University of Copenhagen, Denmark
Øjvind Lidegaard is a Clinical Professor with expertise in Obstetrics & Gynaecology in University of Copenhagen, Denmark.
Background: We know little about the risk of breast cancer in users of newer types of hormonal contraception and in users of hormone intrauterine devices.
Methods: We assessed associations between hormonal contraception use and invasive breast cancer risk in a nationwide prospective cohort study following all women in Denmark aged 15–49 years without previous cancer, venous thromboembolism, or infertility treatment. Nationwide Registers provided individually updated information about use of hormonal contraception, breast cancer diagnoses, and information on potential confounders.
Results: Among 1.8 million women followed on average for 10.9 years with a total of 19.6 million person-years, 11,517 breast cancers occurred. Compared to never users, the relative risk of breast cancer among all current and recent users was 1.2 (95% CI 1.1-1.3), increasing from 1.1 (1.0-1.2) with less than one year of use to 1.4 (1.3-1.5) with more than ten years of use. There was little evidence that the risk varied by type of progestogen in the combined formulations. Current or recent users of the progestin-only intrauterine system also experienced an increased relative risk of breast cancer of 1.2 (1.1-1.3).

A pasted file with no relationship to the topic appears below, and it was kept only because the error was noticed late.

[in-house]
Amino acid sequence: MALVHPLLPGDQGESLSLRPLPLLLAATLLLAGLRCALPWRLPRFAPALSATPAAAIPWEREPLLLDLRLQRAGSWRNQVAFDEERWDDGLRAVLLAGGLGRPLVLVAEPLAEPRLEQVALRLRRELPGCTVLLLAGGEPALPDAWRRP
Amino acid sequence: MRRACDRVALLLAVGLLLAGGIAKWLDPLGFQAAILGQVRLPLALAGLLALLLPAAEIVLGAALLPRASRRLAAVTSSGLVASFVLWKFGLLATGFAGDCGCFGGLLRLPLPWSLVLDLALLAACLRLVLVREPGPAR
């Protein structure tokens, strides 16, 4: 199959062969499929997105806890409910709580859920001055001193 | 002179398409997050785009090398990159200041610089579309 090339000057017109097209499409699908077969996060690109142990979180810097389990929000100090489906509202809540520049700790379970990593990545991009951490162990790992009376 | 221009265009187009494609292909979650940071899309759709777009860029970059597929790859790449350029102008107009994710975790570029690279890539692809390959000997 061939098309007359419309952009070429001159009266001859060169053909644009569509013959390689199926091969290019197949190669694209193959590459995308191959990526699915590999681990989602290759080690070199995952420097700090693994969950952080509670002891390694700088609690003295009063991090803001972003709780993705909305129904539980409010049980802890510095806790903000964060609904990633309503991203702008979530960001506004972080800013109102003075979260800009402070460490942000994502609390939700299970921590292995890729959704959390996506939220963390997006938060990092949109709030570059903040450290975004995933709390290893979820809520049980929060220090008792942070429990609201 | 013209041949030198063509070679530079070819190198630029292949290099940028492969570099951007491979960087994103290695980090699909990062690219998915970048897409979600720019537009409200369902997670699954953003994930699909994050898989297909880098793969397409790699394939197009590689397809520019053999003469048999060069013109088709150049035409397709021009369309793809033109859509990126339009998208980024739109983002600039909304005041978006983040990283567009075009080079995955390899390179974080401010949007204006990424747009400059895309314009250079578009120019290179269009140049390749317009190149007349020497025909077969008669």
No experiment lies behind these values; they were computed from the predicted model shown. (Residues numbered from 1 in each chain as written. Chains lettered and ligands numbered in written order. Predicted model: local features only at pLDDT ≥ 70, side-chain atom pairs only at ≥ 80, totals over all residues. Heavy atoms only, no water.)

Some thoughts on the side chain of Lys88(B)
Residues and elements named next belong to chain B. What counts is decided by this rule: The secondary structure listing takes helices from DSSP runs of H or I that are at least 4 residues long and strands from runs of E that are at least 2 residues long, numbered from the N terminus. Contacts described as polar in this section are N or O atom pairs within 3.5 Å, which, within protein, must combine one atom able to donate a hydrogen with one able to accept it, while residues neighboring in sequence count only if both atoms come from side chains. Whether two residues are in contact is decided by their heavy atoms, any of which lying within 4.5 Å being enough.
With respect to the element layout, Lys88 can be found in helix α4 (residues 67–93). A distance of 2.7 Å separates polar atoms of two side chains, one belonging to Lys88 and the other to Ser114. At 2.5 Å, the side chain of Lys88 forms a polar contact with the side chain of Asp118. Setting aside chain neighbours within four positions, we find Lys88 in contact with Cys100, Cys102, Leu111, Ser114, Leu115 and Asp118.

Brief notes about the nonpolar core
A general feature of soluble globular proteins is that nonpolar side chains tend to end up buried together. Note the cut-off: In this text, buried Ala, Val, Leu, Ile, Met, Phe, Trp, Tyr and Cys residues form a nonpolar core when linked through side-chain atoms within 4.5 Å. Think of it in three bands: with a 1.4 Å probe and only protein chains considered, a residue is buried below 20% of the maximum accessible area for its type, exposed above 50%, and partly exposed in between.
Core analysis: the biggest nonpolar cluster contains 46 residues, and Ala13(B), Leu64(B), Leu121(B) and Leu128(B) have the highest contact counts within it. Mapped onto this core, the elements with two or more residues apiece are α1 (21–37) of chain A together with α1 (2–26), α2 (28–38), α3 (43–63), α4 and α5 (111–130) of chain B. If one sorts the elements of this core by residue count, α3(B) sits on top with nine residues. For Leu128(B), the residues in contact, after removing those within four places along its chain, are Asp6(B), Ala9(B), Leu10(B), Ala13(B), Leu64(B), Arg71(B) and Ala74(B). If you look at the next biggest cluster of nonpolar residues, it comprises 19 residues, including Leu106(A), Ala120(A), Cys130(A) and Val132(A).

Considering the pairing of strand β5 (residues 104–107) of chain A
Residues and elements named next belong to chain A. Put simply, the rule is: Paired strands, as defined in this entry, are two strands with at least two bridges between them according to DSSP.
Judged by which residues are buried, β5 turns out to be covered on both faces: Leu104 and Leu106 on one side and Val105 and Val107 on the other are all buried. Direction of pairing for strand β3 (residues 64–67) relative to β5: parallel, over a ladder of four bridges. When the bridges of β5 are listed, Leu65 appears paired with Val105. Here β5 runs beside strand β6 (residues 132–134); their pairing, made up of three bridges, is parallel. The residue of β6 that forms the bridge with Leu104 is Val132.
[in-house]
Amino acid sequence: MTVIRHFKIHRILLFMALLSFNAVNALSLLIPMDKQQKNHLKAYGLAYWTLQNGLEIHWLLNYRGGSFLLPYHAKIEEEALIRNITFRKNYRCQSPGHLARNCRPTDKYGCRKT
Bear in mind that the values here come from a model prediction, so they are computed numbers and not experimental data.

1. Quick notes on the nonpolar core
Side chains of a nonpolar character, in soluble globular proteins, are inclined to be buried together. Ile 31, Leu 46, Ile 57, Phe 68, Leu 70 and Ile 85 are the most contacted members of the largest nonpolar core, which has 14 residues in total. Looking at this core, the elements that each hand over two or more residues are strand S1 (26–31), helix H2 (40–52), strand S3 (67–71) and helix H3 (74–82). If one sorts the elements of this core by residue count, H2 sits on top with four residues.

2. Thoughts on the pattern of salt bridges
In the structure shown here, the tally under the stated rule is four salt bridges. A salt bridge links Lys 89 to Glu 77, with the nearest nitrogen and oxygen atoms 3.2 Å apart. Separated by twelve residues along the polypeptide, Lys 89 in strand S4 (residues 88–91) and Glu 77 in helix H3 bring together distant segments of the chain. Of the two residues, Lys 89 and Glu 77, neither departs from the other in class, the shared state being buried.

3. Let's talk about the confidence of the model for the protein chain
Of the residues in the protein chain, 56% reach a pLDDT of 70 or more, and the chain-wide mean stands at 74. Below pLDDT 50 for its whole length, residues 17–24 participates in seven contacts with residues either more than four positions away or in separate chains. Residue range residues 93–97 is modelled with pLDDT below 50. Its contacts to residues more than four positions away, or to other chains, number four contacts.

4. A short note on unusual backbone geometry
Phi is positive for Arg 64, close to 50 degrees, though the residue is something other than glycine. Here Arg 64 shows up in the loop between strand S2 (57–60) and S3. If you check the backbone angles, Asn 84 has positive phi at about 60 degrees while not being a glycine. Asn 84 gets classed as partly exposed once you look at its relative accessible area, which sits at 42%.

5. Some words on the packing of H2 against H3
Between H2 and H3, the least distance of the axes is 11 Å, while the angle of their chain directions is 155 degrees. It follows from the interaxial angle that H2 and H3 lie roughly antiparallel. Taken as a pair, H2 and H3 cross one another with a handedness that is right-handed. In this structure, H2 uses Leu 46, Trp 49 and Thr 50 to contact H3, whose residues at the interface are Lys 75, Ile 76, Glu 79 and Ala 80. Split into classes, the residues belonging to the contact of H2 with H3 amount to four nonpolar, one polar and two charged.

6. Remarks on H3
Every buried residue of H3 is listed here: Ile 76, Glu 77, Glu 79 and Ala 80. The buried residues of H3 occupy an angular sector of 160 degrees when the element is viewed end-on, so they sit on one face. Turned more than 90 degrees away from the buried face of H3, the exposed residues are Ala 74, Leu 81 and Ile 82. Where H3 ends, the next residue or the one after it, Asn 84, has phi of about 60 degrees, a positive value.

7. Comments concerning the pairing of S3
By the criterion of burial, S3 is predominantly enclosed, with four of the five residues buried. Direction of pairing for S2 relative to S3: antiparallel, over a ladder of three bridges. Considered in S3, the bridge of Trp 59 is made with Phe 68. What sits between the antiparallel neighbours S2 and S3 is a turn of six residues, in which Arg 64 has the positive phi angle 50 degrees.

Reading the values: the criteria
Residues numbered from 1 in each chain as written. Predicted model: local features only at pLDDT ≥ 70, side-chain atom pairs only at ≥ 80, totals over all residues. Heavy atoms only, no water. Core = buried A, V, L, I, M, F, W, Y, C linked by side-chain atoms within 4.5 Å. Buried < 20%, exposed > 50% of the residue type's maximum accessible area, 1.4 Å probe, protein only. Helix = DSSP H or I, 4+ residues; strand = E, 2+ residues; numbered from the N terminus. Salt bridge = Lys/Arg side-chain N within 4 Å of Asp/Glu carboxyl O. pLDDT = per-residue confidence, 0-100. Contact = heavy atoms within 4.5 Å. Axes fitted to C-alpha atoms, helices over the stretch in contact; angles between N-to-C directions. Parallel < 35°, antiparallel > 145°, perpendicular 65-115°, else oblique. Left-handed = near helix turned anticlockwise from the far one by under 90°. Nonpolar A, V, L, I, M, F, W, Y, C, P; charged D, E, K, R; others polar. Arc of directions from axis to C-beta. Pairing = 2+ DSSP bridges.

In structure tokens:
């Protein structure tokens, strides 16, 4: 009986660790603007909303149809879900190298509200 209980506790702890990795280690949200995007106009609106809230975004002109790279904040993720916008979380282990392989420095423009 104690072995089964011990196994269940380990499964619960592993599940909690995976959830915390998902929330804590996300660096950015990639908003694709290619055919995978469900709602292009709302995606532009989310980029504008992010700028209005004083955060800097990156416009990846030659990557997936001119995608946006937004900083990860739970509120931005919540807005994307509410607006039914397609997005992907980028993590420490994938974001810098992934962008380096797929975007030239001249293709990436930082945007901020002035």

The overall absolute mean increase in breast cancers among current and recent users of any hormonal contraceptive for all ages was 13 (10-16) per 100,000 person-years; approximately one extra breast cancer for every 7690 women using hormonal contraception for one year; the absolute risk difference increased by age.
Conclusion: Breast cancer risk was increased among current and recent users of contemporary hormonal contraception and increased with longer durations of use; however, absolute increases in risk were small, and the same products protects against ovarian cancer.